From home, you can increase comfort by taking cool baths and showers or taking an oatmeal bath. You also want to stay moisturized and wear light-weight cotton clothes to reduce chafing.
A provider might also be able to prescribe you medications like anti-itch creams or pills.
Again, you should always gain doctor approval before using or taking new medications while pregnant.
ICP, or intrahepatic cholestasis of pregnancy, is a liver disorder that can develop in pregnancy.
While the cause is within the body, some of the most common symptoms include itching on the skin’s surface.
Bile acids flow from your liver to your gut to digest food, but with ICP, the acids don’t flow as they should and start to build up in the body. It’s unclear why this happens, but it’s thought to be genetic.
The most common symptom is noticeable itching on the hands and feet, which typically worsens at night.
There is not often a physical rash that accompanies the itching.
Other symptoms can include dark urine or pale feces. Jaundice, or yellowing of the eyes and skin, is less common but still possible.
ICP is potentially serious, and there is no cure. However, it should go away once the baby is delivered.
If you have ICP, your doctor will probably advise you to give birth in a hospital under a specialty maternity team.
Additionally, since there’s a link between ICP and stillbirth, you might be offered induction of labor (giving birth before the scheduled due date).
This rare skin condition most often appears during the last trimester of pregnancy. It involves severe skin inflammation similar to pustular psoriasis. It’s unclear what causes it.
The rash starts as lesions in skin folds, but these can spread across the surface and cover large patches.
This skin can become crusty and likely infected.
In addition, individuals might start to feel fever, diarrhea, dehydration, or rapid heartbeat. In severe cases, some individuals experience seizures.
Impetigo herpetiformis usually resolves after giving birth, but there can be a risk of stillbirth.
A healthcare provider can help you manage the condition by offering antibiotics, creams, ointments, and other medications.
In rare cases, this condition can be fatal. If you experience any of its symptoms, contact your healthcare provider as soon as possible to seek treatment.
This rare skin condition during pregnancy causes an itchy rash that begins around the belly button and spreads to other parts of the body.
It is most common in the second or third trimester. It is an autoimmune disease in which a woman’s immune system attacks components of their skin.
While this might resolve itself, it often flares up before delivery. After birth, your menstrual cycle or taking oral birth control pills can cause the rash to return.
The condition can lead to premature delivery and skin lesions on the newborn if left untreated.
The most common symptom of pemphigoid gestationis is a red, itchy rash around the navel (belly button). However, this rash can spread to other parts of the body. You might also notice some blistering.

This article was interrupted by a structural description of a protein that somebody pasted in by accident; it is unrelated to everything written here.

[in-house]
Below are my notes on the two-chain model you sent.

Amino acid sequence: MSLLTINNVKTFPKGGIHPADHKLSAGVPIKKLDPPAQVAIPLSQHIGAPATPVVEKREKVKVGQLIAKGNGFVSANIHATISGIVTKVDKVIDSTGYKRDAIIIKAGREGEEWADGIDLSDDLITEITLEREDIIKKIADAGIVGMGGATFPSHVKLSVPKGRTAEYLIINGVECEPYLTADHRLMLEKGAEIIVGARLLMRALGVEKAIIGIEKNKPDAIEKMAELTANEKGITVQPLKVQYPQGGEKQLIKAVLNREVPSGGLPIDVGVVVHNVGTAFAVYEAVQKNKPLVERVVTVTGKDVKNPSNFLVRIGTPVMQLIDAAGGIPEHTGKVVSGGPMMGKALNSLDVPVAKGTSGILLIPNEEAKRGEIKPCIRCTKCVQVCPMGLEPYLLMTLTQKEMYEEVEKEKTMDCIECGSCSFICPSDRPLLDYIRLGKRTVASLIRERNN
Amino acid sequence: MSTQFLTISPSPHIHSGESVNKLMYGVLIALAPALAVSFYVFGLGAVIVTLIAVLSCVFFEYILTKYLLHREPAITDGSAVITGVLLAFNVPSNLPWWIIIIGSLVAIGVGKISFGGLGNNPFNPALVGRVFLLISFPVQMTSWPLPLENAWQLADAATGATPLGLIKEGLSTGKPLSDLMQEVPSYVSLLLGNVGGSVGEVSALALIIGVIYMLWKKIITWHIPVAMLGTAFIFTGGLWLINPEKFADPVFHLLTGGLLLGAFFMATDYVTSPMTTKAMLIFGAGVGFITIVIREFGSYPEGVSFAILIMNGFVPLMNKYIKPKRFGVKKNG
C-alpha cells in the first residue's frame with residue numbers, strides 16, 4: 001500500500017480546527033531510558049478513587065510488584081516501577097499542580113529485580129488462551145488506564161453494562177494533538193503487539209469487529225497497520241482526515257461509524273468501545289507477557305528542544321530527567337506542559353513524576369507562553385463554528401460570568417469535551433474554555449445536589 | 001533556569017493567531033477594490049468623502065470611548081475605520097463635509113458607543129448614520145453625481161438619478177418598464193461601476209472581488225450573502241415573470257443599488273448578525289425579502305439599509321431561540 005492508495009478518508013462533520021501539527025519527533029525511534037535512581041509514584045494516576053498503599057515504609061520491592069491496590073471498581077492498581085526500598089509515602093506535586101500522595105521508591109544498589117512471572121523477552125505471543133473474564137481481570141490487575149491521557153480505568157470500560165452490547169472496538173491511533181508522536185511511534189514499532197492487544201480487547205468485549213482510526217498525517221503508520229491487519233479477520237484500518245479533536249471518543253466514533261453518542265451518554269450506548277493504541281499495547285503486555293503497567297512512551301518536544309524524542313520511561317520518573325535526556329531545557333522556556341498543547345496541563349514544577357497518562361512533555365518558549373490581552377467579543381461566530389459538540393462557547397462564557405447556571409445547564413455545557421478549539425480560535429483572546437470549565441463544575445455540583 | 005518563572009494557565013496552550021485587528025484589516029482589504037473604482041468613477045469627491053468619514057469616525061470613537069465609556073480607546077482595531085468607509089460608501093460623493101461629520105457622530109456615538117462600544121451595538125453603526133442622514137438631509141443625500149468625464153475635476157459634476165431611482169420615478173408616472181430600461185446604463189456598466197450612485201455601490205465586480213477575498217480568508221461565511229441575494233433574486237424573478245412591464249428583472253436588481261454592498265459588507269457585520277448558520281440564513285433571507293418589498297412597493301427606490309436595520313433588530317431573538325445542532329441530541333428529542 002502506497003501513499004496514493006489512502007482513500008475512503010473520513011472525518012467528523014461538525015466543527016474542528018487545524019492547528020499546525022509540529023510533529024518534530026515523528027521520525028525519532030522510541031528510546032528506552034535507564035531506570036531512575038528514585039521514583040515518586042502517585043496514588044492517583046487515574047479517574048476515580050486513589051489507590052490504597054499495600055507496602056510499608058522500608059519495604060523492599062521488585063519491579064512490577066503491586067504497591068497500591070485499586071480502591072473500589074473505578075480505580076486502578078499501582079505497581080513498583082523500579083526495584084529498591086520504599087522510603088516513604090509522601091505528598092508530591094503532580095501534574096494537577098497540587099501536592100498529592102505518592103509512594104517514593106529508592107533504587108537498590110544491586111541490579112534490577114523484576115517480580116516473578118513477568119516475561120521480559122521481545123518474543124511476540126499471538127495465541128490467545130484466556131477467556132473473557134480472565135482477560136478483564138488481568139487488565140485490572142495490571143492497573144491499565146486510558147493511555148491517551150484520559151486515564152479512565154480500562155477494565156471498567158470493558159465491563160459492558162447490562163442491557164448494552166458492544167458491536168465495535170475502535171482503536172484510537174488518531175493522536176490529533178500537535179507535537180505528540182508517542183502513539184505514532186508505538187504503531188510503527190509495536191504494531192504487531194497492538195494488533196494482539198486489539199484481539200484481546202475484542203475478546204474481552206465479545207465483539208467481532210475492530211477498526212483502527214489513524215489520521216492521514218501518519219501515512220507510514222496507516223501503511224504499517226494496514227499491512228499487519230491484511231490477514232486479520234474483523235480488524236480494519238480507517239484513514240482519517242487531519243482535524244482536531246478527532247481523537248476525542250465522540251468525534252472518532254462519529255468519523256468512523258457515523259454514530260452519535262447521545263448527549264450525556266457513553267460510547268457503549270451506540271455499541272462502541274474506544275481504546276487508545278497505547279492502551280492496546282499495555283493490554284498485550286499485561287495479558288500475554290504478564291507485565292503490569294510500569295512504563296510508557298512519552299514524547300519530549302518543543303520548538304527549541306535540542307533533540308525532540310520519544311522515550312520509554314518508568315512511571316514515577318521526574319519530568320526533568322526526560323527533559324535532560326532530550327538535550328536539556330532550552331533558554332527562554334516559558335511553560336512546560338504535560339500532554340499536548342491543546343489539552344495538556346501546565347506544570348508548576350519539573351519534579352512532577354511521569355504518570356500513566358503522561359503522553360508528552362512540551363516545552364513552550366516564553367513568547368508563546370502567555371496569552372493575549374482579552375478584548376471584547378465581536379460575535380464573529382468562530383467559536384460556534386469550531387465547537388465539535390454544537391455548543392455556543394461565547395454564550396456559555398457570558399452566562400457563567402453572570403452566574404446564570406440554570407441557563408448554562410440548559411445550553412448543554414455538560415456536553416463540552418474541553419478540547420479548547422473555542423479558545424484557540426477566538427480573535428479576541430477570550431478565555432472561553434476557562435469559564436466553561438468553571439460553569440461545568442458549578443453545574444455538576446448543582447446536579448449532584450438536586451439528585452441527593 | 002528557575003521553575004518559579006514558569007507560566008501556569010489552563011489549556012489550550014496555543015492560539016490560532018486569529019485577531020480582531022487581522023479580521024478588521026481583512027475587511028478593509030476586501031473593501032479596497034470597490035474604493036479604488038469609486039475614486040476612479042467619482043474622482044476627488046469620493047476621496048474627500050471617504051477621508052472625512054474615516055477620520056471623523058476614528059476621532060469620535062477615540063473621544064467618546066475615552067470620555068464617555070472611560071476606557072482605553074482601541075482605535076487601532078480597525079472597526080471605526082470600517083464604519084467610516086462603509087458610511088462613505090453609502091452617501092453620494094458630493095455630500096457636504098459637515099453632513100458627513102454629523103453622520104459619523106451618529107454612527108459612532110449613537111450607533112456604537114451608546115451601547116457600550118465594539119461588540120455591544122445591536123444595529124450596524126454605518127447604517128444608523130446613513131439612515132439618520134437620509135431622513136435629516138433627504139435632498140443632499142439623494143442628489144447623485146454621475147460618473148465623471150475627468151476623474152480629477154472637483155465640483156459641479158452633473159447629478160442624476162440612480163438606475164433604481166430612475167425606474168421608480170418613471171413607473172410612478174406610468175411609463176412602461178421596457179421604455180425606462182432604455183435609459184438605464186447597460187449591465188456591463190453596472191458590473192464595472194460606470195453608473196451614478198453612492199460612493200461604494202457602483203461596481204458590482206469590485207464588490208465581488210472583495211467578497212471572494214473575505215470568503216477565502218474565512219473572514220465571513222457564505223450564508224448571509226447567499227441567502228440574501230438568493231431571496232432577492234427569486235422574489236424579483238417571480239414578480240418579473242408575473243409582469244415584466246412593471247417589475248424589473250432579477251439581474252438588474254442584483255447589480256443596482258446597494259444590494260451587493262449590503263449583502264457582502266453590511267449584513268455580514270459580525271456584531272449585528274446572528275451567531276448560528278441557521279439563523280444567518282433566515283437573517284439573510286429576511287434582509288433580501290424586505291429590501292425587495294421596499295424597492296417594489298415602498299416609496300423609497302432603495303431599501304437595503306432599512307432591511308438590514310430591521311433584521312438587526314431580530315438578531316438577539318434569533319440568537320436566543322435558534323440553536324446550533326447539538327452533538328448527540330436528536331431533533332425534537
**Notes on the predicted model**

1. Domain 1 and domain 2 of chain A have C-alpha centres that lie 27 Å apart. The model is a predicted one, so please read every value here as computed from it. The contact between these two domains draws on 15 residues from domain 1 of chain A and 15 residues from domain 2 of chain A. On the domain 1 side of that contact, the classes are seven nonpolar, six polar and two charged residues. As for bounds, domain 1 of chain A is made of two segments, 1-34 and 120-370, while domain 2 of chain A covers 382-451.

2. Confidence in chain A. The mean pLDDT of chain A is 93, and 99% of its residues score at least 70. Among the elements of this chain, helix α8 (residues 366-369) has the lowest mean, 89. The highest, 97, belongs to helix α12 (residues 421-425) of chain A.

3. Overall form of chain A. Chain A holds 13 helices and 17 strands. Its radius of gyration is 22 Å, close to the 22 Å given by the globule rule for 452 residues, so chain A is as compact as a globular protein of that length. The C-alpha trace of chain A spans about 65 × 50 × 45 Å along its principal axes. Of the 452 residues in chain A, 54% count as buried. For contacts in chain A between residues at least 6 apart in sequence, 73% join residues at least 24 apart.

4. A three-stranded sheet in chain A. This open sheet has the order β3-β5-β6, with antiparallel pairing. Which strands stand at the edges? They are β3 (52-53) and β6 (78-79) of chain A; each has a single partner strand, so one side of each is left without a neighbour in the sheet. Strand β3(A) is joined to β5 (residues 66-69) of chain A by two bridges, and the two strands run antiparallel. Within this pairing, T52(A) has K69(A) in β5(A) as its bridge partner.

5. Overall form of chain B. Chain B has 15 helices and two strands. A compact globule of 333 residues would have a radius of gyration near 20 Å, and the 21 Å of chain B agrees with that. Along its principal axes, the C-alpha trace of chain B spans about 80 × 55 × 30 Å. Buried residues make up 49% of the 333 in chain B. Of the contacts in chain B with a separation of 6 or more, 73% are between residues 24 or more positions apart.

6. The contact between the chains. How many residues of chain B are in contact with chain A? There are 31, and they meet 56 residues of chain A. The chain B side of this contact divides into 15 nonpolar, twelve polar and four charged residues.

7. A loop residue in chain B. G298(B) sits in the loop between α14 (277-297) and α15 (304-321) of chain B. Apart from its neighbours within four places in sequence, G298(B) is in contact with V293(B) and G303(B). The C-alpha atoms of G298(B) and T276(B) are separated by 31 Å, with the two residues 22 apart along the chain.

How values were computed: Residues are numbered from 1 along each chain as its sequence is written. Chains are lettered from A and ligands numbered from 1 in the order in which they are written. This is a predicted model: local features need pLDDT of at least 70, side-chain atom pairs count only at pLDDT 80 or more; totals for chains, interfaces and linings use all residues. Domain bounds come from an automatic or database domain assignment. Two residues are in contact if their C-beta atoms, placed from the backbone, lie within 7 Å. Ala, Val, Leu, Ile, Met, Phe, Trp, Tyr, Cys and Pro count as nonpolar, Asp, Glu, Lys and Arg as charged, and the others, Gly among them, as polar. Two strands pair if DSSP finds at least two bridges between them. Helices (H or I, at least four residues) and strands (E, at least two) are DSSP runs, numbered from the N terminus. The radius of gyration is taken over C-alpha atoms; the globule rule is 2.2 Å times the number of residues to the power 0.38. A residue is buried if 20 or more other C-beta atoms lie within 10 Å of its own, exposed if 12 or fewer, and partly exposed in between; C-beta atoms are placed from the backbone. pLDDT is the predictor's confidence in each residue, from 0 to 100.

The goal of treatment is to relieve itching while also preventing blistering and secondary infection.
Topical steroids or creams are most common and can alleviate discomfort without posing any risk to the fetus. Oral antihistamines can also help relieve itching.
If none of these work, a doctor might recommend more aggressive medications. As always, consult your doctor or OBGYN (obstetrics and gynecology) before you start taking any new medications.
Rashes during pregnancy are common; most of the time, they do not represent something you need to worry about.
Hives, heat rashes, and an atopic eruption of pregnancy are annoying and frustrating to deal with, but they do not pose a risk to your newborn.
However, rashes caused by conditions like pemphigoid gestationis, ICP, PUPPP, and impetigo herpetiformis can cause complications before, during, or after delivery.
As a rule of thumb, you should always contact your healthcare provider if you notice any abnormal changes to your body during pregnancy.
Most treatments involve finding ways to alleviate itching and discomfort, typically through topical itch relievers or antihistamine medications. However, a doctor might prescribe stronger medications for more severe cases.
References, Studies and Sources:
Hives During Pregnancy: Causes, Treatment & Prevention | American Pregnancy Association
Atopic Eruption of Pregnancy (AEP) | European Academy of Dermatology and Venereology
PUPPP Rash: Symptoms, Causes, Treatment & Prevention | Cleveland Clinic.
Itching and intrahepatic cholestasis of pregnancy | NHS
Pemphigoid Gestationis | DermNet N
Bridget Reed is a Tampa-based content development manager, writer, and editor at GR0; specializing in content related to varying fields including medicine, health, and small businesses. Bridget went to St. Petersburg College and majored in Management and Organizational Leadership.